Jack the Ripper – A Love Story ( Excerpt 20 )
I was working at my usual morning surgery at the Infirmary, when Cathy Eddowes, who I knew as a patient and a woman of somewhat dubious reputation. In her company was an attractive blond – haired lady, of a totally different class to the drab Eddowes.
She was clean, well spoken and smartly dressed, although her clothes were not of the best quality, on top of her outer clothes she wore a clean white apron. I took her to be a high-class shopgirl, maybe down on her luck. I was not impressed by the company she was keeping, but then the Eddowes woman may just have been giving her directions.
Maybe I was making something out of nothing, It was just that they looked so incongruous together, definitely chalk and cheese, as my damned Mother would say. The blond lady introduced herself as Mary Jane Kelly, she had quite a pleasant lilt to her voice which I took to be Irish, I later found her to be Welsh, but no matter. She, had come to see me about an irritating rash on her on her lower left arm, on examination it appeared too be an insect bite of some kind. I made up some ointment and with her consent administered some to the offending area.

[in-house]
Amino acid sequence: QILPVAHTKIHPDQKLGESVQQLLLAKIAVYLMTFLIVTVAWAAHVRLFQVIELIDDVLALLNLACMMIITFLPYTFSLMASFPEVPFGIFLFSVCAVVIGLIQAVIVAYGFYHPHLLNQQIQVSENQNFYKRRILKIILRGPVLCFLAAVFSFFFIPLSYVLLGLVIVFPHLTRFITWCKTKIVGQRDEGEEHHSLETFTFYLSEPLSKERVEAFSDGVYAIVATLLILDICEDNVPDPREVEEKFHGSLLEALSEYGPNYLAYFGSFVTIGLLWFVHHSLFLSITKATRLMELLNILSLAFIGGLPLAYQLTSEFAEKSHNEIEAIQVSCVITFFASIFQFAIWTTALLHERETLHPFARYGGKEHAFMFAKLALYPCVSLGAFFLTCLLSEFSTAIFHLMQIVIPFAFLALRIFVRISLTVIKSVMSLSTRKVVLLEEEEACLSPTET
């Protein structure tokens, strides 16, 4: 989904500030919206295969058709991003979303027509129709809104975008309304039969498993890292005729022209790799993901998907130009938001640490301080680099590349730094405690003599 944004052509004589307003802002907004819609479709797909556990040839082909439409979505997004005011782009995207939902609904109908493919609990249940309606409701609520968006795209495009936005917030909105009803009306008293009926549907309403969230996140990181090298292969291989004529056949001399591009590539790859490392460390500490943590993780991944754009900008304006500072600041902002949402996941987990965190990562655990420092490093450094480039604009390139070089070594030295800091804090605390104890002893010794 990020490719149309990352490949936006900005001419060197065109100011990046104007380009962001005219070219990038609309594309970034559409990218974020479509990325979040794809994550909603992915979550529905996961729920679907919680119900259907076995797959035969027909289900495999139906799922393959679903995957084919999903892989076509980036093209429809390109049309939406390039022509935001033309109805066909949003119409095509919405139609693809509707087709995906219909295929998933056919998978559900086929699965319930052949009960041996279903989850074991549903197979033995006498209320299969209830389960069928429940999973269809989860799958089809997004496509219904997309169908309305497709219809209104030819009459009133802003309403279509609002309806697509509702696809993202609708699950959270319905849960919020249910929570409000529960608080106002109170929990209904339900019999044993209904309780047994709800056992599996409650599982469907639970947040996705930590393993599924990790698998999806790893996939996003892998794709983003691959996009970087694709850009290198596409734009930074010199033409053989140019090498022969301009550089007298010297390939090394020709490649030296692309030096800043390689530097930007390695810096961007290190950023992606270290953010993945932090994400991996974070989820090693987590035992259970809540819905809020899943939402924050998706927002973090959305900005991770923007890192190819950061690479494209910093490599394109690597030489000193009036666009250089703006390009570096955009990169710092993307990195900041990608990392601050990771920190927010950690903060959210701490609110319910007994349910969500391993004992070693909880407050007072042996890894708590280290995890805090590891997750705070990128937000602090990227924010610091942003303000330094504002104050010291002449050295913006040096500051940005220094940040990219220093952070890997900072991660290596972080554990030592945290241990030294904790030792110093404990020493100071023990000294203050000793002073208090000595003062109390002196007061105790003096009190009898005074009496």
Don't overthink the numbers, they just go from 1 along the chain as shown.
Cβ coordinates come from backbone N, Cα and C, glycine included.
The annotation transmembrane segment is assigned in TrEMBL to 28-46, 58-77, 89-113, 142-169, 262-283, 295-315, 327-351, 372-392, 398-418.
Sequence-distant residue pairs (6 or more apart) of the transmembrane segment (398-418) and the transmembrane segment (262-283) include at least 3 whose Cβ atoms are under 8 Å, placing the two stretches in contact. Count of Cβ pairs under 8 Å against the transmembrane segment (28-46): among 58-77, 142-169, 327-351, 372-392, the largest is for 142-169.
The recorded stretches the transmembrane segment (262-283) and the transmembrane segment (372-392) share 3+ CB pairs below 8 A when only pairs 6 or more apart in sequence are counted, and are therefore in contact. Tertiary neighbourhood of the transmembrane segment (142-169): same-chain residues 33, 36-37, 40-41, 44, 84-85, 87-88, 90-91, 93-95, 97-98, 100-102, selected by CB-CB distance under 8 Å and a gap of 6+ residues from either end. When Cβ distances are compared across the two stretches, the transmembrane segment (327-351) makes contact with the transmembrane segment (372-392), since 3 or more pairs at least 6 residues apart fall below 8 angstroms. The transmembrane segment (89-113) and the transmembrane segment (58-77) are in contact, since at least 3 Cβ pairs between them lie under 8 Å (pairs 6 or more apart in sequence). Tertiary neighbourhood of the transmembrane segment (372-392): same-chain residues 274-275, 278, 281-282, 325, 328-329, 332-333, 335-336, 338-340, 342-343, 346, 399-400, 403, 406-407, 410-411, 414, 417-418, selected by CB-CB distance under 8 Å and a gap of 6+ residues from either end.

I gave her the remainder and asked her to administer it twice a day, and telling her to return in a weeks time so that I might check it once more. She, thanked me graciously and shook hands, I don’t know if it was my imagination or just wishful thinking, but she seemed to hold on to my hand and look in to my eyes a trifle longer than was necessary.
The remainder of the day flew by, but all I could think of was Mary Jane Kelly, and the effect that she undoubtedly had on me, I felt elated, but also a little frightened. I don’t think I could stand to be hurt by a woman again.
Mary Jane Kelly’s Diary – April 4th 1886
I went with Cathy to the Whitechapel Infirmary today to see if the Doctor there could give me anything for the annoying rash I have on my left arm. The Doctor, Jack was his name, I do believe he took quite a fancy to me, but I wouldn’t turn him away. He was a handsome man in his own way, he is obviously a Gent, not a shred of doubt in my mind. The other girl’s say I ought to make a move on him, be sure of a warm bed. But I don’t know, there is something about him, I think someone has hurt him badly, I don’t want to give him more pain. He’s too good a man, and for sure you don’t meet many in our line of work.
(C) Damian Grange 2017